This article is part two of a two-part series on the Expedia/Orbitz merger. Here is the first part.
Hotel Management reached out to Expedia for insights on the merger and received the following:
"We’re pleased to officially welcome Orbitz Worldwide to Expedia. The addition of Orbitz brings Expedia an attractive set of well-recognized brands built by a talented team that is passionate about travel. With the acquisition closed, we look forward to enhancing customer experiences, improving the reach for our global supply partners and delivering our great deals to travelers around the world through our growing family of brands.
"We are excited to begin the work of integrating these two companies. We look forward to quickly learning more about each Orbitz Worldwide brand, business unit and team. We are still in the early days of planning and integration, which means it will be business as usual for our suppliers’ relationship with the Expedia and Orbitz teams. We look forward to continuing to grow our relationship with our valued partners."
While the response lacks any real meaning, clearance of the deal is no doubt a huge win for Expedia. And while many hoteliers are skeptical, the Justice Department believes the merger won't harm consumers or be unfair from a competitive standpoint.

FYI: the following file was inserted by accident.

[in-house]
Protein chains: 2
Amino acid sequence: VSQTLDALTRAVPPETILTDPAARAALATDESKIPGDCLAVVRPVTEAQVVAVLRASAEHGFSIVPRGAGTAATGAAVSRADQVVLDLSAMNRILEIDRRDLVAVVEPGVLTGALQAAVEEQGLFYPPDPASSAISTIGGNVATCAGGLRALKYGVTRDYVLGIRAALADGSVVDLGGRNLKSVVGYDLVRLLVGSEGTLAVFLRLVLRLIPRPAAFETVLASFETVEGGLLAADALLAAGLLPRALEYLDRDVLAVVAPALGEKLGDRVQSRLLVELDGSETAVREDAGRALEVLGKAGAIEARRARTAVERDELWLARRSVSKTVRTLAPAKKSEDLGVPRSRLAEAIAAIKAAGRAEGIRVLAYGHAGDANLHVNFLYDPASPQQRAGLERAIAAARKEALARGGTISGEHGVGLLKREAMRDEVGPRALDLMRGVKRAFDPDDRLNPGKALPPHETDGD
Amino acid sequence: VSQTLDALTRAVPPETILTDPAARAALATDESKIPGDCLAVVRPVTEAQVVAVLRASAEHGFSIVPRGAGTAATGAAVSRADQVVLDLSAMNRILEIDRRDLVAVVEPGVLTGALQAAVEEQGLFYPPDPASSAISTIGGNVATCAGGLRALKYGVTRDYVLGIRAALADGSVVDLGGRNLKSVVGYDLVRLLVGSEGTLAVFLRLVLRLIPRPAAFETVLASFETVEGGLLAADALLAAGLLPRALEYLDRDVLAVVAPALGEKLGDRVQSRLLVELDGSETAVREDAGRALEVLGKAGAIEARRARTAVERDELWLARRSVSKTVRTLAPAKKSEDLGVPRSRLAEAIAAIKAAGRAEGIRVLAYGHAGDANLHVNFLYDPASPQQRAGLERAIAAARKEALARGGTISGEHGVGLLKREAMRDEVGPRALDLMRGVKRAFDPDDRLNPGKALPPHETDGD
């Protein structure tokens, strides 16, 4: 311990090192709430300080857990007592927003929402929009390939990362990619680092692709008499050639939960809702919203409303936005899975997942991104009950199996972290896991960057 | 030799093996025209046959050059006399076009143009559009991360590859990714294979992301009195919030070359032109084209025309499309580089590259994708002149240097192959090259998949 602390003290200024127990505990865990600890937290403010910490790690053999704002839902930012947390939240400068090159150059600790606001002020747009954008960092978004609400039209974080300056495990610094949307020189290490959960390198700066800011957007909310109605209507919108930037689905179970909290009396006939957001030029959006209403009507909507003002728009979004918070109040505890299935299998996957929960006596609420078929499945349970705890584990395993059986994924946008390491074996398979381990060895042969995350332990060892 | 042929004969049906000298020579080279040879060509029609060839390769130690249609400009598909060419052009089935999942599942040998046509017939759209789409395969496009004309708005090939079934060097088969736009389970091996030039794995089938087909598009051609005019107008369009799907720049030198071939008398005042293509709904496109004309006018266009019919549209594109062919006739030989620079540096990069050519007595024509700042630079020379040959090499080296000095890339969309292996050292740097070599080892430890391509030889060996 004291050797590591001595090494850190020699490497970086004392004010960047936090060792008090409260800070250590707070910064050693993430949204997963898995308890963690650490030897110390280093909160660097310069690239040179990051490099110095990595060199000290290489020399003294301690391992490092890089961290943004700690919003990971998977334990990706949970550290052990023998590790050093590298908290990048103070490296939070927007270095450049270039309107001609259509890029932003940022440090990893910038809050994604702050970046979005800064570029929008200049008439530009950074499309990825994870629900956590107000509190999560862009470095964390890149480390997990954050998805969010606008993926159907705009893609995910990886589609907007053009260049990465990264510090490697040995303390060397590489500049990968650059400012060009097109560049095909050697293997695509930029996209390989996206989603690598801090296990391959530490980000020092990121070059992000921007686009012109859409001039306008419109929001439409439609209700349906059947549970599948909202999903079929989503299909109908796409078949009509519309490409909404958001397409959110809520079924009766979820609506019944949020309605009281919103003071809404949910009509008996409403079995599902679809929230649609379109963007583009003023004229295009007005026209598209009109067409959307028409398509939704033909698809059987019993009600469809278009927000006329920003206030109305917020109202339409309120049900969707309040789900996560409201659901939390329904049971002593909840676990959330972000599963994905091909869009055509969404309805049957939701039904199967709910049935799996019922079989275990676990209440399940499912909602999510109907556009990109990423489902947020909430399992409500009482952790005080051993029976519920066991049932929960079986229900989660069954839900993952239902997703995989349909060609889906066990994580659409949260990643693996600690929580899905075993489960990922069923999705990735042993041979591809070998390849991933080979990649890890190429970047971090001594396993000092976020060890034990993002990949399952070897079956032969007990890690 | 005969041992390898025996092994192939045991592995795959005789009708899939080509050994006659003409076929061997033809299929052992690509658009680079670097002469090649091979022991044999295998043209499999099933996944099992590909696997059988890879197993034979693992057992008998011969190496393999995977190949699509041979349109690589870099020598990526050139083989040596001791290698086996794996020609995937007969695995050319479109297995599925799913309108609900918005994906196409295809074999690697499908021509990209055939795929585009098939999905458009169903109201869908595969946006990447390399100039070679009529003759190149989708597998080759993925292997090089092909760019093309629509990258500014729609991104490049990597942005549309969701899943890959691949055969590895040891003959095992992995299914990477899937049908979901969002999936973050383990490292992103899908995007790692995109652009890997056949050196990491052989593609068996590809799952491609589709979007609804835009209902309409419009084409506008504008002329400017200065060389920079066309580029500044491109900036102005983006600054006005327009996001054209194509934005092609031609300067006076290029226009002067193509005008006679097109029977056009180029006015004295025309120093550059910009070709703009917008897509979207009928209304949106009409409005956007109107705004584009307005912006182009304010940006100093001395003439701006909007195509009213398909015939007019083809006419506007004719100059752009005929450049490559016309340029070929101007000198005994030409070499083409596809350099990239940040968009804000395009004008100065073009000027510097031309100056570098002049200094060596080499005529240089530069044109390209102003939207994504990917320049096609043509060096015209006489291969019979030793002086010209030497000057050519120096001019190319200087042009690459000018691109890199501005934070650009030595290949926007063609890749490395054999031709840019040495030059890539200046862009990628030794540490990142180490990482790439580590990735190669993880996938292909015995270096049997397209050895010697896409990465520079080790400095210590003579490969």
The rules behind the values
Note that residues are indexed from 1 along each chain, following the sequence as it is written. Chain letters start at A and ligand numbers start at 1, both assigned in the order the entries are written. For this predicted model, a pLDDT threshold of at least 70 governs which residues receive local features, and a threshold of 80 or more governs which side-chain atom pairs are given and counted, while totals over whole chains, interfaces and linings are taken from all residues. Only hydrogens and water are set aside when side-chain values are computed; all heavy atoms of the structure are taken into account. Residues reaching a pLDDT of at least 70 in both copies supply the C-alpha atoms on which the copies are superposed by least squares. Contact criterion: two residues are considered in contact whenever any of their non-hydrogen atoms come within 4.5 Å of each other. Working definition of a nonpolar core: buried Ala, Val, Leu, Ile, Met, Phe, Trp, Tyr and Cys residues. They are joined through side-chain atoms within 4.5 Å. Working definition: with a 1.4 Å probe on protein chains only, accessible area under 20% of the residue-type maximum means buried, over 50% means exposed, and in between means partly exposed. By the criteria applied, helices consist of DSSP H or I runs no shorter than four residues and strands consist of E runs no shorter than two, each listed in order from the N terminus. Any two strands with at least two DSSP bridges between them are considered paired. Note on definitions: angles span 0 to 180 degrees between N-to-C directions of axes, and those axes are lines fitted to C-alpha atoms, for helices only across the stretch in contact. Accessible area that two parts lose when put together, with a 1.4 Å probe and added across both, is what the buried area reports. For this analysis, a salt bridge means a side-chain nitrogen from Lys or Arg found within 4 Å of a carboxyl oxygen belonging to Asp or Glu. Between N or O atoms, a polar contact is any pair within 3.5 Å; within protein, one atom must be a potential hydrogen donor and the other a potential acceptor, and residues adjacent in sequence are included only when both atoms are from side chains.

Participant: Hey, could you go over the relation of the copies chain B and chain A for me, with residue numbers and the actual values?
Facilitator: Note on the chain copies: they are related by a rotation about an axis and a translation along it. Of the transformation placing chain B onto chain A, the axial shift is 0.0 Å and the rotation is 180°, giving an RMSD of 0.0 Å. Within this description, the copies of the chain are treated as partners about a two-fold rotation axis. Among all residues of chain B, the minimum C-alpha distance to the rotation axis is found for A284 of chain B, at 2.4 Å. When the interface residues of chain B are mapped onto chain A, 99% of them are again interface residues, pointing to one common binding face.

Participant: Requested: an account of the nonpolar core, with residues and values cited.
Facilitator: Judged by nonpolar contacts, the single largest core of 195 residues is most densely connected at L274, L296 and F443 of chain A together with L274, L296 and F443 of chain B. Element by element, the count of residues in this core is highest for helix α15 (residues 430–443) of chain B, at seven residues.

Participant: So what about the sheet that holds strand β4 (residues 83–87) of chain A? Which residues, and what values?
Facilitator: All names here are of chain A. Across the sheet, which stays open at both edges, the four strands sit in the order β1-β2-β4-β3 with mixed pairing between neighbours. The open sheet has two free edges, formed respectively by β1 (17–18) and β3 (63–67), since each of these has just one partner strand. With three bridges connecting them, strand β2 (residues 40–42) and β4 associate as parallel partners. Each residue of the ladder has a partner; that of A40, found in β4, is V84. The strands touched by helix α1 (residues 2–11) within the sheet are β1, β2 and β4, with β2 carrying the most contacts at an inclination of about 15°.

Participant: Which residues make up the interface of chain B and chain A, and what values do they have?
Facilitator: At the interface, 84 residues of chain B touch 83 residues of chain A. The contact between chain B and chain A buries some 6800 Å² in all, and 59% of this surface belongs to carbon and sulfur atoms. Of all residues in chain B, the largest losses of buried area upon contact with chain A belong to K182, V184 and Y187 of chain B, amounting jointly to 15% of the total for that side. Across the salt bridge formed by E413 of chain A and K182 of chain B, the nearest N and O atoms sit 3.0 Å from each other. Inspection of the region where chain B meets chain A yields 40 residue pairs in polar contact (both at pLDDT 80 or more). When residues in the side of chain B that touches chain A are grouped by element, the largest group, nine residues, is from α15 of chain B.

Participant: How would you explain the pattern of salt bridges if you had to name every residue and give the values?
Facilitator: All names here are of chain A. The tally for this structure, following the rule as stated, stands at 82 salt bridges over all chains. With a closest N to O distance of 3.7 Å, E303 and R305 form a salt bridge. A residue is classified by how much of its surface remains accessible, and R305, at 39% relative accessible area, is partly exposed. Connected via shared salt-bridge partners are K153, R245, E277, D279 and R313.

Bill Baer, head of the Justice Department's Antitrust Division, said that during a six-month investigation, the Antitrust Division found no evidence that consumers would face higher charges if the two booking companies merged.
"The Antitrust Division investigated the concerns that have been expressed about this transaction," Baer said. "At the end of this process, however, we concluded that the acquisition is unlikely to harm competition and consumers."
The hotel industry, meanwhile, isn't buying it.
"As we've said all along, this transaction will result in significant negative consequences for consumers and also the large number of our members who are small businesses and independent hotels," the American Hotel & Lodging Association said in a statement. "It could lead to increased distribution costs for independent hotel owners who risk seeing booking commissions rise by double digits."
In July, lawmakers on a Senate antitrust panel wrote to the Justice Department warning that the deal could end up hurting the industry.
"Increased consolidation among online travel agencies could transform a market that has benefited consumers into one that stifles competition," wrote Sens. Mike Lee (R-Utah) and Amy Klobuchar (D-Minn.).
Moving forward, James Bethany, corporate director, revenue management for the Peachtree Hotel Group, said that hotels should continue to yield where necessary to eliminate expensive booking channels in hopes of driving traffic to the brand websites for bookings. “That is the least-expensive booking channel for us,” he said. “I think time will tell how this rolls out.”